We’re hearing news that three districts are beginning a three-year pilot to implement the common standards. The project is being led by the Aspen Institute and the Charles A. Dana Centerat the University of Texas-Austin.
The work grew out of the Aspen Institute’s urban district leadership networks, which include groups of urban superintendents and chief academic officers, and groups focusing on literacy and math.
Fifteen districts are involved in the leadership networks, but only three of them are serving as pilot sites, with “deep-dive” work including on-site technical assistance, the Aspen Institute’s Joaquin Tamayo, who’s working on the project, told me. Those three are Denver, Baltimore, and Hillsborough, County, Fla. (A storyabout Hillsborough County’s work ran in the local paper yesterday.)
Sheila A. Brown, who’s the Aspen Institute’s lead on the pilot, told me that Aspen and the Dana Center are developing resources that will be available to all 15 districts in the network, but are concentrating their on-site support and training in the three lead districts.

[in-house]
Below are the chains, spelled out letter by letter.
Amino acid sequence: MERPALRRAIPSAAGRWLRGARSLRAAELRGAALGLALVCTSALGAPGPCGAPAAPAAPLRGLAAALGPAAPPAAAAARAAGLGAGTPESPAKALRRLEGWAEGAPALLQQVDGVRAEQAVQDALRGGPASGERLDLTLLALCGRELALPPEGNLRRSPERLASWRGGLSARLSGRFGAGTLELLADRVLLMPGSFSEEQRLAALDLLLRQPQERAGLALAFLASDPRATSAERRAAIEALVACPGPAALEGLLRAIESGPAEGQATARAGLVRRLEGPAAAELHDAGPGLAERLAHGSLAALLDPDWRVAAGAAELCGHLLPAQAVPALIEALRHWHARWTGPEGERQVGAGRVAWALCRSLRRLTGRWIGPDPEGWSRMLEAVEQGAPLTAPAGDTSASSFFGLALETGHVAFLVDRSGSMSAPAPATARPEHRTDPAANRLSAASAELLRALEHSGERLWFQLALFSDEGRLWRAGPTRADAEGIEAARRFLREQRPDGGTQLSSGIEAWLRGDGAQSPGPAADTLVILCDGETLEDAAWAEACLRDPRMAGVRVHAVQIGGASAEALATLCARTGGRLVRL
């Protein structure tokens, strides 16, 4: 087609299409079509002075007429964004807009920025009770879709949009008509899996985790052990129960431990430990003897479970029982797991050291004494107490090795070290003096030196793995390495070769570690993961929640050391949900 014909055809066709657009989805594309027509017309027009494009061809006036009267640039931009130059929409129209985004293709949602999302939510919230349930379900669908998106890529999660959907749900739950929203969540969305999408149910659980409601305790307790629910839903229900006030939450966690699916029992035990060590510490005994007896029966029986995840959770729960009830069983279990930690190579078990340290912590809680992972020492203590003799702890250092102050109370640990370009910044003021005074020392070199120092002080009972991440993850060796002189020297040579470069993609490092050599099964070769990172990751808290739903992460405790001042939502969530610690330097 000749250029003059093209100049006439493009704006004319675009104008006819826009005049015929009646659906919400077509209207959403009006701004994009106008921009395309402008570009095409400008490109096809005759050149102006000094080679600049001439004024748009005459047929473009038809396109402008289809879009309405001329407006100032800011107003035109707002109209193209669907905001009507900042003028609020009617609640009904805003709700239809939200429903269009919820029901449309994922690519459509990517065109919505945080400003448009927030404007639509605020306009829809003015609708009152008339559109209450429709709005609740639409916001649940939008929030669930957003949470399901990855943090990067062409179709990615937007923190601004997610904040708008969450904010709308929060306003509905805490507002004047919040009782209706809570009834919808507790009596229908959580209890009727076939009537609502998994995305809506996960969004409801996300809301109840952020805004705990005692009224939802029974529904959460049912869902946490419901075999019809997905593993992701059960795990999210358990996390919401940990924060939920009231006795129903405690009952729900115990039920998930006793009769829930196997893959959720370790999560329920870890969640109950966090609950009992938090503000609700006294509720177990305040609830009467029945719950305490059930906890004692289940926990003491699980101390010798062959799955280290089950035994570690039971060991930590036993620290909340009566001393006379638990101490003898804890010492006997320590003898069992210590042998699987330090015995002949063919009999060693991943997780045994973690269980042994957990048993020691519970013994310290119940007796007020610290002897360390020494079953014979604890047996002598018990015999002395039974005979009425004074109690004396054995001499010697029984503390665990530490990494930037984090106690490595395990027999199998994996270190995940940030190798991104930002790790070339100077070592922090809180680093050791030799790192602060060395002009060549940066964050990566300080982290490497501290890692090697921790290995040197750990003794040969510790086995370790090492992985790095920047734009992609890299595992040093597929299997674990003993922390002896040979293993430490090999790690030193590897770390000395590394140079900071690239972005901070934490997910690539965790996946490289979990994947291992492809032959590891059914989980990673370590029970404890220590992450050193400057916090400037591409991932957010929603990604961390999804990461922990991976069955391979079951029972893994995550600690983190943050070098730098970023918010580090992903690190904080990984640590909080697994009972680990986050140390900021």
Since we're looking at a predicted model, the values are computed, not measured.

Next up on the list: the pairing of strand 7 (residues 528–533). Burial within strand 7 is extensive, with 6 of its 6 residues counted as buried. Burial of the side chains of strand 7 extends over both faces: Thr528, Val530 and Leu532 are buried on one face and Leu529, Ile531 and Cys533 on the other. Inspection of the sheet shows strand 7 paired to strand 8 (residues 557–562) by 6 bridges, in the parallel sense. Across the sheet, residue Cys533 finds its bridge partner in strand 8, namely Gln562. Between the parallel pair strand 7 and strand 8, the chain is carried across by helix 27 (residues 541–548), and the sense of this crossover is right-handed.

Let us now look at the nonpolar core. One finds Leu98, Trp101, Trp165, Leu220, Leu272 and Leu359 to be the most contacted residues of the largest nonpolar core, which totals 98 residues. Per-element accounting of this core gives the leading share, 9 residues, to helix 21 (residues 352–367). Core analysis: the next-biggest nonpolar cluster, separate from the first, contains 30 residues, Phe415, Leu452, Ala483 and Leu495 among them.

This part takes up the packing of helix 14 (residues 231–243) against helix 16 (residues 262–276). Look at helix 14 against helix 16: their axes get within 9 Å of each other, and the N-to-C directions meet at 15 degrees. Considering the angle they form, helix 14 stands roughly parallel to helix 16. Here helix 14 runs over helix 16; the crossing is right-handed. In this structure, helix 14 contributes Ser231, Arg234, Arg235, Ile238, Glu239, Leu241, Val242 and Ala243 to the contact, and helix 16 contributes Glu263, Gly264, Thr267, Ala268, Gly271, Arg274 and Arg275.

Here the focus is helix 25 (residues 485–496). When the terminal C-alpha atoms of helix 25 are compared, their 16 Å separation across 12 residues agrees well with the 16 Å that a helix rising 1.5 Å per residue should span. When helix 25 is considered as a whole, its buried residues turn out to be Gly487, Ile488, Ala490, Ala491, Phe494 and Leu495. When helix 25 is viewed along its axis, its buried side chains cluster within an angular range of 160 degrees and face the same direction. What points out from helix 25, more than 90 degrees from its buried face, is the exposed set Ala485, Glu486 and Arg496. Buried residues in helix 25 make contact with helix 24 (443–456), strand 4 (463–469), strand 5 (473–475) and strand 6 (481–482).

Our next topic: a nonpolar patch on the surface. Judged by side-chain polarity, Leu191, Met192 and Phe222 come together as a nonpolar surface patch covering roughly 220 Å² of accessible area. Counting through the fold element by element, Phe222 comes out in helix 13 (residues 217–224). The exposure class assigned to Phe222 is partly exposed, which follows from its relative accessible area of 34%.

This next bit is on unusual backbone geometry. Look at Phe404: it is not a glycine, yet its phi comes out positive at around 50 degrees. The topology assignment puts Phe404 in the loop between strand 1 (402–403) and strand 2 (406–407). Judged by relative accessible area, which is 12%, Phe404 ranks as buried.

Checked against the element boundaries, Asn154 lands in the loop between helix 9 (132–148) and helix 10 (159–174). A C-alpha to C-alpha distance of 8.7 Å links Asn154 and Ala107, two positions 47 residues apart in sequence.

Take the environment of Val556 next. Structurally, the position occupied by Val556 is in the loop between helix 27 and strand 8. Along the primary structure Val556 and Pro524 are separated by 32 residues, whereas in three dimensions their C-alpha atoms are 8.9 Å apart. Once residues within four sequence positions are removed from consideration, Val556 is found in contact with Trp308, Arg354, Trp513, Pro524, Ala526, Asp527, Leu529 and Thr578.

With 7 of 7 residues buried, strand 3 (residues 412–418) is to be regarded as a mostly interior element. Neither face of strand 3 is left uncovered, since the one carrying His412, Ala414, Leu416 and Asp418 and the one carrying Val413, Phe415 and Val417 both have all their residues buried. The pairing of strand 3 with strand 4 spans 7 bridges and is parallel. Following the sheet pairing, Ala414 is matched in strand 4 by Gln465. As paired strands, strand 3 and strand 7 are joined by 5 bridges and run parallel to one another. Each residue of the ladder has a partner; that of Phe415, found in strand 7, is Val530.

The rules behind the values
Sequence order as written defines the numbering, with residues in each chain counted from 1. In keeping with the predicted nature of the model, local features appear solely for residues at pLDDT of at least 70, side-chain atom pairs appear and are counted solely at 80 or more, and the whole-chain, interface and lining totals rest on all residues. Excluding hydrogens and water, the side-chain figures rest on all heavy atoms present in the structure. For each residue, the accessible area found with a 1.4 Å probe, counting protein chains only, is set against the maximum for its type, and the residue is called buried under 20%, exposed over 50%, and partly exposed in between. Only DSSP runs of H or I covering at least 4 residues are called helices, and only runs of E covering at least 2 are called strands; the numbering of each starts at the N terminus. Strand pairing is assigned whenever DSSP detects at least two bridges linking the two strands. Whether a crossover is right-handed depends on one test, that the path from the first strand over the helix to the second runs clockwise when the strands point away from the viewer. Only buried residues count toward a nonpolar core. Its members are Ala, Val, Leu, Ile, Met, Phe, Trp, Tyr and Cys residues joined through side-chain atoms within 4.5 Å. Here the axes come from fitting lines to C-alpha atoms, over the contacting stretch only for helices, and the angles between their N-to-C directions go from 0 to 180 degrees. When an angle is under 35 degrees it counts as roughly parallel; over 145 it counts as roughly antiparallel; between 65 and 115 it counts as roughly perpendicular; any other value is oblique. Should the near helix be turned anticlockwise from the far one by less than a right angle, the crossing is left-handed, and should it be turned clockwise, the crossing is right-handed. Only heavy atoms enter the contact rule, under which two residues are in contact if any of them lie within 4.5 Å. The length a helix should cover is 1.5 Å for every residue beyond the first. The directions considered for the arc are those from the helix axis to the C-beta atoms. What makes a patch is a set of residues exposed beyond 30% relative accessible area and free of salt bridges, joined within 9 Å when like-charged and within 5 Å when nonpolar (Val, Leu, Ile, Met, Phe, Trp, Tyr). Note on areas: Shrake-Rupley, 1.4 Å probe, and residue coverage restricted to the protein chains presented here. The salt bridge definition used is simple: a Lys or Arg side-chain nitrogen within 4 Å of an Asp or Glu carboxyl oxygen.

One of the resources that Aspen and the Dana Center have developed so far is a “Studying the Standards” document designed to help districts understand the genesis and timeline of the common standards, and to dig into its math and English/language arts content, Brown told me. They’ve also developed a self-assessment process to help districts gauge their readiness for full standards implementation, she said.
The pilot is supported by grants to the Aspen Institute and the Dana Center by the Bill & Melinda Gates Foundation (which also supports Education Week‘s publisher, Editorial Projects in Education).
We told you last year that six urban districts were planning to pilot the common standards as well, in conjunction with the American Federation of Teachers and the Council of the Great City Schools. The AFT and Council had teamed up with the National Governors Association and Council of Chief State School Officers to apply for a federal Investing in Innovation grant for the pilot, but didn’t get it. A search of the Gates Foundation’s grant database shows me that all six districts have gotten half-million-dollar grants to work on common core implementation. When I get more of an update on this pilot, I will share it with you.
[UPDATE (April 22): The AFT tells me that without i3 funding for the pilot, it is focusing its attention on its common-standards task force, which is examining implementation issues. Michael Casserly, the executive director of the Council of the Great City Schools, tells me that the council is undertaking a “tiered” approach to a common-standards implementation effort involving not only the original six pilot districts, but “all the major cities” in its membership.]
A version of this news article first appeared in the Curriculum Matters blog.